Leitung
Prof. Dr. rer. nat. Alfred Krabbe

Assistenz
Barbara Klett

Geschäftsleitung
Dr.-Ing. Thomas Keilig

Deputy SMO Director (Kalifornien)
Dr. rer. nat Bernhard Schulz

Standortleiter AFRC & SOFIA Teleskop Manager
Dipl.-Ing. Michael Hütwohl

Standortleiter ARC & und Facility Scientist
Dr. rer. nat. Jürgen Wolf

Technology Advisor
Prof. Dr.-Ing. Jörg Wagner

Bildungs- und Öffentlichkeitsarbeit
Dr. rer. nat. Dörte Mehlert


Deutsches SOFIA Institut
Pfaffenwaldring 29
70569 Stuttgart

Tel. +49 (0)711/685-62379
Fax +49 (0)711/685-63596

 

Successful hunt for Triton's shadow

University of Stuttgart coordinates European ground-based observation campaign and SOFIA observes "Central Flash"

October 25, 2017; Dörte Mehlert (mehlert@dsi.uni-stuttgart.de)

During the night of October 5 th, a very rare celestial event took place: Triton, the largest moon of the planet Neptune with a diameter of ~ 2700 km, passed in front of a bright star (UCAC4 410-143659, V = 12.7 mag) – analogous to a solar eclipse. Depending on the location of the observer, this so-called occultation lasted no longer than three minutes. For a brief moment, the light of the star illuminated the atmosphere of the Neptunian moon from behind. That gave astronomers the opportunity to study the thin Triton atmosphere in detail - assuming their telescopes were positioned in the shadow that Triton projected on the Earth during this event.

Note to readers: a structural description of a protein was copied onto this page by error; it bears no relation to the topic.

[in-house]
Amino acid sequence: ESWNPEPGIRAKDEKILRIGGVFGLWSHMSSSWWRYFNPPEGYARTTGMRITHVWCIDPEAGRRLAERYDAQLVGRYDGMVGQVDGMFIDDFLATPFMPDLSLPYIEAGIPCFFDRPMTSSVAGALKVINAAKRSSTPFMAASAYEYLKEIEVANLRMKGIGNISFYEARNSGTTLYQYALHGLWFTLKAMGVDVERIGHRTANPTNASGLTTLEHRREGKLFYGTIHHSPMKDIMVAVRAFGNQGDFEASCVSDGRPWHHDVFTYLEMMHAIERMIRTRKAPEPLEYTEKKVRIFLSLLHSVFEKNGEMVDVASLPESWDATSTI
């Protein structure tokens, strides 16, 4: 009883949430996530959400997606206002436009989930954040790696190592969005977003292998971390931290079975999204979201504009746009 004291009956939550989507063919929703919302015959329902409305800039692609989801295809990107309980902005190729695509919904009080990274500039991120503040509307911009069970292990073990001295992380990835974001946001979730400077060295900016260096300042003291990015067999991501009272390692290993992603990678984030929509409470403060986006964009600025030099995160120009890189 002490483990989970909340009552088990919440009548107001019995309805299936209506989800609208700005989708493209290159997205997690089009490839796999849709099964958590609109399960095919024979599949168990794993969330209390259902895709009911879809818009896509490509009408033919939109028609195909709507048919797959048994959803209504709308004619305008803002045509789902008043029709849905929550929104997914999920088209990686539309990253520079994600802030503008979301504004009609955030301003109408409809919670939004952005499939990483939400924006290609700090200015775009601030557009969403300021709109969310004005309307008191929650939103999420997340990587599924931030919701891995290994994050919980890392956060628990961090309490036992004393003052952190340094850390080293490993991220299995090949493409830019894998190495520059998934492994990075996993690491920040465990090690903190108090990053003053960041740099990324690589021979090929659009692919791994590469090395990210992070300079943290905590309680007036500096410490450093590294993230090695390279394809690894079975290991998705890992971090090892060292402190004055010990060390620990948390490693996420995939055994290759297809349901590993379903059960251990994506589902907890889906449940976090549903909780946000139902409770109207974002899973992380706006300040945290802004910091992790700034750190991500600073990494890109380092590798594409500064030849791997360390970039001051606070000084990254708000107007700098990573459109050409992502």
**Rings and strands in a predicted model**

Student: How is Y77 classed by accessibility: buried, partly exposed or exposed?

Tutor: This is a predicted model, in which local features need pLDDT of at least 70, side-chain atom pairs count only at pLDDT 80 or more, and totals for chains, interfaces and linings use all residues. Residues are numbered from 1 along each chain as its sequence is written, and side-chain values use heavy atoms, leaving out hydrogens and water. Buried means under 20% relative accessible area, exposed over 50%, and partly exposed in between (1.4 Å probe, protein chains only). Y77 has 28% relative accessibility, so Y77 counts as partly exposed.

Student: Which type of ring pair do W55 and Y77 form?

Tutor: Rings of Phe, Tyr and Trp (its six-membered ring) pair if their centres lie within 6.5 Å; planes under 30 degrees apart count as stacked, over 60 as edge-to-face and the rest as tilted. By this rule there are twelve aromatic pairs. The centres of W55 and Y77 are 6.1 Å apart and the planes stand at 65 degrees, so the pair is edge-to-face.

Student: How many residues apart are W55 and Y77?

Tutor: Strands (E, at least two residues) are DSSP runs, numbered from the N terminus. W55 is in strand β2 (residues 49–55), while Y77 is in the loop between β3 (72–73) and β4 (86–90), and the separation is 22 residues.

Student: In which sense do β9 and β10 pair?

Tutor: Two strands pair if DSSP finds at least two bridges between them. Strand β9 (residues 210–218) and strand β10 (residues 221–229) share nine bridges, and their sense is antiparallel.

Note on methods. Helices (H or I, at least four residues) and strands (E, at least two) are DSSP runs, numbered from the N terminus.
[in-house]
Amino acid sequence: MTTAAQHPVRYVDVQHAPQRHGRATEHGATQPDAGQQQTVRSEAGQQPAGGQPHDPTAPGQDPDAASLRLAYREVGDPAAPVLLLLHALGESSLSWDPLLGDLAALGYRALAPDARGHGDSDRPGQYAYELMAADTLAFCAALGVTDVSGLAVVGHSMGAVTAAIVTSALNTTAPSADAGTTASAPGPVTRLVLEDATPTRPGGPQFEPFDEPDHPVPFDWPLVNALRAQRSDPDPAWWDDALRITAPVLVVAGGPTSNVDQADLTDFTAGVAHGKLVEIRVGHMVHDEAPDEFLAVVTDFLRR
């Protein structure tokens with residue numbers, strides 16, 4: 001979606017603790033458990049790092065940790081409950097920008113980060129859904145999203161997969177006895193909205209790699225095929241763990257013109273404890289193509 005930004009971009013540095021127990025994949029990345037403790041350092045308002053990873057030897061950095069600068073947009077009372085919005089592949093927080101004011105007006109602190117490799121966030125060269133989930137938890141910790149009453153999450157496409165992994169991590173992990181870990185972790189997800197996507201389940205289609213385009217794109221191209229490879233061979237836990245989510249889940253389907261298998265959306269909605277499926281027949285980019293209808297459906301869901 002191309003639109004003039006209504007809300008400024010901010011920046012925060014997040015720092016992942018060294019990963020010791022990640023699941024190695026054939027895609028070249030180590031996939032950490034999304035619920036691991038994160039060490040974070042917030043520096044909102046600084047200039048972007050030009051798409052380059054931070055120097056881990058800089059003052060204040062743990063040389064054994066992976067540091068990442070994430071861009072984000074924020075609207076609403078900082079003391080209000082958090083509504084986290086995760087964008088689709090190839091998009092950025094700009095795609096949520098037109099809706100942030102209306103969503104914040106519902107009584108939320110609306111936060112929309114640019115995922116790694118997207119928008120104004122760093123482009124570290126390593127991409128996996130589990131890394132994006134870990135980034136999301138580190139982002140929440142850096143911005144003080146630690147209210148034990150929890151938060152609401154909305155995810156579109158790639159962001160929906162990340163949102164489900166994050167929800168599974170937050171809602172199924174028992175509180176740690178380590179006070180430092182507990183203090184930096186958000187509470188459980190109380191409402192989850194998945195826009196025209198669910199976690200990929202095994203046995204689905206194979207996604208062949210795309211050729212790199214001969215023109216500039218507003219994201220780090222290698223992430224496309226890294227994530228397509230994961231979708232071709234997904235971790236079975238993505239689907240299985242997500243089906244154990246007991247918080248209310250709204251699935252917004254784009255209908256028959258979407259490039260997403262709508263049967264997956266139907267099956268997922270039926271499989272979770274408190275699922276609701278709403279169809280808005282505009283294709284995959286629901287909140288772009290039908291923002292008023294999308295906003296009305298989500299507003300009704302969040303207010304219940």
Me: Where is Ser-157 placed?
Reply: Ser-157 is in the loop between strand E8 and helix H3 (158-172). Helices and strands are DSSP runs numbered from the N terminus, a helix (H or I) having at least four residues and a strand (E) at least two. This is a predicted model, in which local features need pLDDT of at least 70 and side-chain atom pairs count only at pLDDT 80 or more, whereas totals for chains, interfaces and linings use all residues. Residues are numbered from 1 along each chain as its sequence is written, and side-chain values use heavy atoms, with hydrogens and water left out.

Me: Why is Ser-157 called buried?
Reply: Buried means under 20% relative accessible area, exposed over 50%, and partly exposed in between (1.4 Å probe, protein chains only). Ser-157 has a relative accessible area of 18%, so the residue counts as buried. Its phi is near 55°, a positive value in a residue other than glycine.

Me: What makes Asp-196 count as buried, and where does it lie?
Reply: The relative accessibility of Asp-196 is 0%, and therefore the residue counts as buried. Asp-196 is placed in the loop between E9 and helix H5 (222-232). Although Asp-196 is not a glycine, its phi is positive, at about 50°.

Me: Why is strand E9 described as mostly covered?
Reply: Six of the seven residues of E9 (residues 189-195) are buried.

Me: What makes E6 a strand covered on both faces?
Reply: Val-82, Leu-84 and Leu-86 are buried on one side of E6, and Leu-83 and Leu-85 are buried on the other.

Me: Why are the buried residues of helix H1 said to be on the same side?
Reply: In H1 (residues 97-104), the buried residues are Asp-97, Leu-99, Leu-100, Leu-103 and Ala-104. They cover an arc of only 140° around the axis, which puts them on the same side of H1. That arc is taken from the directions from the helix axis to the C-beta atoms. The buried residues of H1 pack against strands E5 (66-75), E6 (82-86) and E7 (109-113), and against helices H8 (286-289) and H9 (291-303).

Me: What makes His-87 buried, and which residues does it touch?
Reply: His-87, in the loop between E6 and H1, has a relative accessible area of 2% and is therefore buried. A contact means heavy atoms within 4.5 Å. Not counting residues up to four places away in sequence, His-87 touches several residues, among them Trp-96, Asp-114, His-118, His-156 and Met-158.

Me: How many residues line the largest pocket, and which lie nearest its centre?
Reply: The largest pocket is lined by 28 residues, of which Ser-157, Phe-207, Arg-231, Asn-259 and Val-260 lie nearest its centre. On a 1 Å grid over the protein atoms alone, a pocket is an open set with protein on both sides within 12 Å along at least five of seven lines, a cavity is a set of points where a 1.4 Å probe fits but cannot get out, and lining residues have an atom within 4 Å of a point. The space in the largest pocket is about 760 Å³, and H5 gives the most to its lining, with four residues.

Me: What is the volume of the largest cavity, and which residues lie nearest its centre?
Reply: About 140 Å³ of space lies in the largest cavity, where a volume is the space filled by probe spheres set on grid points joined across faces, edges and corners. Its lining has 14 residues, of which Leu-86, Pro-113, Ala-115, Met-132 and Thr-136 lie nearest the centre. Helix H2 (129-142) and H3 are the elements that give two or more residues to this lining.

SOFIA, the flying infrared observatory, flew directly into the center of the shadow to observe the so-called "Central Flash". This momentary brightening can only be observed in a narrow zone around the geometric center of the shadow, when the light of the fully covered star is refracted by Triton’s atmosphere towards the observer. The properties of the atmosphere determine the intensity and shape of the Central Flash. Using three powerful instruments aboard SOFIA, a team led by Ted Dunham (PI) vom Lowell Observatory and Michael Person of the Massachusetts Institute of Technology (MIT) was able to study the lower layers of Triton’s atmosphere in detail, which are largely responsible for this brief brightening. One of the instruments used on board SOFIA, the Focal Plane Imager (FPI+), was developed under the leadership of Jürgen Wolf at the German SOFIA Institute (DSI) of the University of Stuttgart. "We were able to observe the Central Flash with all three instruments," Mike Person confirms. "The preliminary analysis of the light curves reveals interesting features” promises the astronomer. Images in different filter bands of optical and infrared light allow scientists to derive the particle content, temperature, density and pressure in Triton's gas envelope.

"SOFIA is the only observatory that can position itself right in the center of an occultation - no matter where the shadow will be on Earth," says Enrico Pfüller from DSI, who operated SOFIA’s tracking camera and science instrument FPI+ during the Triton mission together with his colleague Manuel Wiedemann. "We were at the right place, at the right time, down to the second, successfully monitoring the occultation with the FPI+ and two other instruments." As Triton was casting its shadow too far away from SOFIA's home base at the NASA Armstrong Flight Research Center in Palmdale, California, the flying observatory departed from a temporary base in Daytona Beach, Florida for this particular mission. This allowed SOFIA to reach the center of the shadow without any additional stop over, and to return to Daytona Beach after nine hours of flight.